As seen recently through the press, Trump claims "North Korea best not make any more threats". What kind of structure and use is the bit "best not make"? Is this informal but acceptable in the US? Is this archaic? Some alternatives sound more acceptable to me, like "should not make" or "had better not to make."
Yes, this is informal and American. It's short for "had best". Here's what OED says:
colloq. (orig. U.S.). An invariable modal verb, normally complemented by the bare infinitive.
Had best; should.
It's been around for over 100 years, but it's not archaic or obsolete.
I live in the Southeastern US, and to me this structure sounds typical of a southern accent. As far as I know, it is always used in a threatening manner. In fact the image I personally have when thinking about this phrase is someone's mother threatening punishment.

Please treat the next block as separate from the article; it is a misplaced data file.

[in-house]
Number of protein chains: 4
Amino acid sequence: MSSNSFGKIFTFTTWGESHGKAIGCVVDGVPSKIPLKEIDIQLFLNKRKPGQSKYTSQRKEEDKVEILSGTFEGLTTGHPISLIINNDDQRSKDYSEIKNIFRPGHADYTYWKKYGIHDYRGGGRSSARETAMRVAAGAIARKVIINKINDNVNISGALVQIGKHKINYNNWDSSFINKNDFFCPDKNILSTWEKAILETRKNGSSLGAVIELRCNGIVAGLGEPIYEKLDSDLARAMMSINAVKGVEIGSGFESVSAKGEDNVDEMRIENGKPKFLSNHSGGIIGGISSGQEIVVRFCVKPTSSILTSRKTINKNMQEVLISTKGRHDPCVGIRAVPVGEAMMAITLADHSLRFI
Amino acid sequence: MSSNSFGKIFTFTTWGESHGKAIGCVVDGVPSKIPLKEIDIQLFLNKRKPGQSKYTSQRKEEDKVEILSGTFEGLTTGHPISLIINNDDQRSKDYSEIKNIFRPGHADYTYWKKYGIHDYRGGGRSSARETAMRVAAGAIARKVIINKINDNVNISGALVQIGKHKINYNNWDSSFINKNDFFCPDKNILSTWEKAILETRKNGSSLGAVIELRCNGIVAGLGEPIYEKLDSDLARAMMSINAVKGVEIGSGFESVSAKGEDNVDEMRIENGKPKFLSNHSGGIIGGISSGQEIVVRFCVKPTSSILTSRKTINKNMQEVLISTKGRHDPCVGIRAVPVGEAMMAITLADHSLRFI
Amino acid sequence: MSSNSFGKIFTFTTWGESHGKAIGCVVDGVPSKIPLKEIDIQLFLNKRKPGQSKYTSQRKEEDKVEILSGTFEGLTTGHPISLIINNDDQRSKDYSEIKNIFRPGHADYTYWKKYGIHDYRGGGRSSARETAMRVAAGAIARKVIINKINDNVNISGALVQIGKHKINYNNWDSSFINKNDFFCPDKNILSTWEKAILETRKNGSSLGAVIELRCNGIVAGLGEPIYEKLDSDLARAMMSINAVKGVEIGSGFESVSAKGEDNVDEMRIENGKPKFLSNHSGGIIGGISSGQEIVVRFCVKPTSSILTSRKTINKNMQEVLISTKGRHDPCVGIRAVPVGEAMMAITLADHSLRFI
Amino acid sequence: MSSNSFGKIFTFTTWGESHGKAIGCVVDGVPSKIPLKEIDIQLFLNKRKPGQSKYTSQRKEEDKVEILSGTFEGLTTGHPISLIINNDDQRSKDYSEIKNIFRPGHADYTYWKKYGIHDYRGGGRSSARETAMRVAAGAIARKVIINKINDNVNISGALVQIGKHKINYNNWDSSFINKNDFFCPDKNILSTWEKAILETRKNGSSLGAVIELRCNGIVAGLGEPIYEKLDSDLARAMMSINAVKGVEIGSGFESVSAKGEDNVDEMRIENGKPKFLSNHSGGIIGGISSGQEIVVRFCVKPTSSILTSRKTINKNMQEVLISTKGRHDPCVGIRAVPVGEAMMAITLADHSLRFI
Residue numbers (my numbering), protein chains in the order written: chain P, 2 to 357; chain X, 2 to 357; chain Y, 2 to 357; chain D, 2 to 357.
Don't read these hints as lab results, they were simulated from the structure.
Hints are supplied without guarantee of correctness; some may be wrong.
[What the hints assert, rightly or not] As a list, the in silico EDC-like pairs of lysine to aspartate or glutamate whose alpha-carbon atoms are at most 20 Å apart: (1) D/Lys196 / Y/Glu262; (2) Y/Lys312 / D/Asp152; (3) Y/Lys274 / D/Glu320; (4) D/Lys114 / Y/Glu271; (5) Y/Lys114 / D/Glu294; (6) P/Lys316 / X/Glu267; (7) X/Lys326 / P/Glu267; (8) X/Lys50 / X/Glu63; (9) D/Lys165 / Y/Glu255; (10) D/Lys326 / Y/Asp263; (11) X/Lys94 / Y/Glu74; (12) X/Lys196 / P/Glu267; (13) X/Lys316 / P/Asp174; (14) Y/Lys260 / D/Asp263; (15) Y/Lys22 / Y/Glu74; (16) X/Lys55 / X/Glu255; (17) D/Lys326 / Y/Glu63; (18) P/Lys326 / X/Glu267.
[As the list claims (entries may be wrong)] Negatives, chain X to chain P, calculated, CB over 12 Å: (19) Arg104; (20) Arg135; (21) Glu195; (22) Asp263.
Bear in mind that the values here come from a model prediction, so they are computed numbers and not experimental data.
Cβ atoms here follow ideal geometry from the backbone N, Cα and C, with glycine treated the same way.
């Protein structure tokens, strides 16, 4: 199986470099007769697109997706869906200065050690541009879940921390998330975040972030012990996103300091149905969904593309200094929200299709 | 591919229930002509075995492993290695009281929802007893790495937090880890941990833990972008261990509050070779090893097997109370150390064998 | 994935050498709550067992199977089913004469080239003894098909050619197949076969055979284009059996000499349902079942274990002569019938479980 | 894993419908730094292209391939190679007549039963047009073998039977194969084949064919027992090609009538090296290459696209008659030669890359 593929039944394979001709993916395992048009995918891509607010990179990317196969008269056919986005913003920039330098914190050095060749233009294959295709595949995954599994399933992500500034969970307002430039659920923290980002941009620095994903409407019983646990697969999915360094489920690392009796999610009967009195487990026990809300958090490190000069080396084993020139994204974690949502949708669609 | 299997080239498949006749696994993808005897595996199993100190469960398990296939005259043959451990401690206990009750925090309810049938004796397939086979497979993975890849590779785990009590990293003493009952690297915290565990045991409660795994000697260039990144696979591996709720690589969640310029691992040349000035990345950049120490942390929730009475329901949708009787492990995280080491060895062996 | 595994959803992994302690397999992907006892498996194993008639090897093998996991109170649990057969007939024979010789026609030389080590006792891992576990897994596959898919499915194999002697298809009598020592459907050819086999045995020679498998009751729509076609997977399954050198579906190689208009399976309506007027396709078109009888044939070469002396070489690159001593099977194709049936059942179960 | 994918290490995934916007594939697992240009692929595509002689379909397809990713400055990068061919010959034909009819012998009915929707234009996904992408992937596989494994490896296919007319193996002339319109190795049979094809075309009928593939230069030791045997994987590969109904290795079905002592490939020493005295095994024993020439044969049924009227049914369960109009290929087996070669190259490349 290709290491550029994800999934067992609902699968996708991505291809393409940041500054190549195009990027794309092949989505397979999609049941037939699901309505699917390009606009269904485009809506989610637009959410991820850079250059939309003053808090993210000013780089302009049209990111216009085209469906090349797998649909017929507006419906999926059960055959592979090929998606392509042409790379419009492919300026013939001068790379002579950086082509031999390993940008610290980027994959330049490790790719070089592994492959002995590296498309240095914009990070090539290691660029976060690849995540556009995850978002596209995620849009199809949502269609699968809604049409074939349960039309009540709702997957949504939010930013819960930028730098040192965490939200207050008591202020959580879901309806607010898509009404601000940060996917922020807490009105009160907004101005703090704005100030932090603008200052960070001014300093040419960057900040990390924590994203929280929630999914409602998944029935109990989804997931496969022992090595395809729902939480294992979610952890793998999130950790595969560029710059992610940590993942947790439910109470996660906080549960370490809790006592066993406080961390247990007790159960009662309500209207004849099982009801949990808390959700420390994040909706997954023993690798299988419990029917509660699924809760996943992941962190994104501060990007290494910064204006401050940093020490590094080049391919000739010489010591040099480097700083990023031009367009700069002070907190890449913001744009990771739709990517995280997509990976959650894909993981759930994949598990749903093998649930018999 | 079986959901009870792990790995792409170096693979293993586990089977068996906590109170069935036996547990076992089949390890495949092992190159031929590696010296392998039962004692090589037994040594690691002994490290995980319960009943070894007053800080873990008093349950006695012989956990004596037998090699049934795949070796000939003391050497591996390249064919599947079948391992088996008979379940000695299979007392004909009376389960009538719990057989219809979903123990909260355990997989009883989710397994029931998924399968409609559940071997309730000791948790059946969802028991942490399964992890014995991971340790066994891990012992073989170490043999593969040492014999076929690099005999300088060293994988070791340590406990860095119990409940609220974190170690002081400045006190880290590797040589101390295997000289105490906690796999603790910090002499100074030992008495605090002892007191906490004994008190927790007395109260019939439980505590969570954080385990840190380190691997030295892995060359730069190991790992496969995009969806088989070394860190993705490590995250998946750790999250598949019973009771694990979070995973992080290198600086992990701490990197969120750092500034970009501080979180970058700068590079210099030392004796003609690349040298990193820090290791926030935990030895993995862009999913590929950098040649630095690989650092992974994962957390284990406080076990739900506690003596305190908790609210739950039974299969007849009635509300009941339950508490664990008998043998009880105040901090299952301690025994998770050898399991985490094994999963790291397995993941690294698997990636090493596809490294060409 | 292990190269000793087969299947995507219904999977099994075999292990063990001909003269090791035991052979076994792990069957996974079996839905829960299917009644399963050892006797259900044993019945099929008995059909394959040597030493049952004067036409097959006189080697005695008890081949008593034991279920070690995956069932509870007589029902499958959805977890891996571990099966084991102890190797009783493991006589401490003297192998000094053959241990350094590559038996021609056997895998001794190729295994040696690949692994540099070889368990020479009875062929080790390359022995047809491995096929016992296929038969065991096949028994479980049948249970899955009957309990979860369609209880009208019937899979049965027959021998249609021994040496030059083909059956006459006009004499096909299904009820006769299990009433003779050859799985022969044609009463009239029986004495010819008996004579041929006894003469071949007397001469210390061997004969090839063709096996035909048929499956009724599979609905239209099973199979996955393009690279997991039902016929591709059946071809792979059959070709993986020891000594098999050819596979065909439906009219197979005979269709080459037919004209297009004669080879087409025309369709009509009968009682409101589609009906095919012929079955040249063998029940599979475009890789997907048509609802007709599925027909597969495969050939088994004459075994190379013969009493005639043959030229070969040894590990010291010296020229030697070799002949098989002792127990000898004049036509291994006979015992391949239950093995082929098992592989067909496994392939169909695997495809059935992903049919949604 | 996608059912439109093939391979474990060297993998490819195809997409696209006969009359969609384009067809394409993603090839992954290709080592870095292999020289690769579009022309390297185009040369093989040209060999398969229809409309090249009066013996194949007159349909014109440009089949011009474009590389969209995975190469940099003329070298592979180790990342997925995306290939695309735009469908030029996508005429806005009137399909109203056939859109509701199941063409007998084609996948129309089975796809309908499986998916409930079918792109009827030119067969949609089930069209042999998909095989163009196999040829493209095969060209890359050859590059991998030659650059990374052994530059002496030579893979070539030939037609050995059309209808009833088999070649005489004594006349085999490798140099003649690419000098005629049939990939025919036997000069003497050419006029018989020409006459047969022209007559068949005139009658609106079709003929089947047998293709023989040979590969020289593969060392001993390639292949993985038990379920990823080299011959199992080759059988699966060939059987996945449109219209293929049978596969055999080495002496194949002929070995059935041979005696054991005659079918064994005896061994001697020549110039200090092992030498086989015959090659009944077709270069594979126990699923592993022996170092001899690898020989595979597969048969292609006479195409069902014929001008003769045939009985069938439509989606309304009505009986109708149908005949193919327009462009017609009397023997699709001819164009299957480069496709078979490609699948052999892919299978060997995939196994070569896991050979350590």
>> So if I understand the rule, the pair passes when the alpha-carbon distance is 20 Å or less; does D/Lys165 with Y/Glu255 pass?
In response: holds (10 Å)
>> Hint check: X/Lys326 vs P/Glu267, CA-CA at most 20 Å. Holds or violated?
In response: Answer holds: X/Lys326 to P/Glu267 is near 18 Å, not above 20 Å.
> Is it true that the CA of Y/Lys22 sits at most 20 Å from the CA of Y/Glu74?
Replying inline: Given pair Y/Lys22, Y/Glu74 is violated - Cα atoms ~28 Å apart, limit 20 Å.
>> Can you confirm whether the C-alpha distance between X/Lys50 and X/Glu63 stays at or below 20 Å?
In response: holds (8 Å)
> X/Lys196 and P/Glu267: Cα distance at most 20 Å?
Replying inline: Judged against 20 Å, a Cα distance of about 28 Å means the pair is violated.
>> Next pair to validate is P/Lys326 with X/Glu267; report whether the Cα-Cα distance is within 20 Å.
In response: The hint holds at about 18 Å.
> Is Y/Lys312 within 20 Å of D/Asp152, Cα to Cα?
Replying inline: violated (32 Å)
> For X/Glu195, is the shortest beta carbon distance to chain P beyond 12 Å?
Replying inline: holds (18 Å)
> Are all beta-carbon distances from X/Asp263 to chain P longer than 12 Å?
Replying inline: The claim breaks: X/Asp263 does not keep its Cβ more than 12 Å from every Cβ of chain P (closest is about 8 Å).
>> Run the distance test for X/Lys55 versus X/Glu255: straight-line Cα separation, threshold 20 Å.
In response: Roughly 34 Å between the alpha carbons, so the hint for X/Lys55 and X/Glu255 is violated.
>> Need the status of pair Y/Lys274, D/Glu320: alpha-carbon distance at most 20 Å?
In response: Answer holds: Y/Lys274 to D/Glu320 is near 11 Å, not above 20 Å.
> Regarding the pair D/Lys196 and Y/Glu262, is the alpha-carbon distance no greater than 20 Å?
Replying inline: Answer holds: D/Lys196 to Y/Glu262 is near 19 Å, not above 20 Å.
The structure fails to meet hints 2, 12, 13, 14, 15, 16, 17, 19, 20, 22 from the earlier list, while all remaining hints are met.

In my experience it is usually used alone, where its meaning is understood from context. For instance a child being caught trying to leave when he has chores would be threatened with "You best not!" Particularly frightening because the punishment is left to the imagination!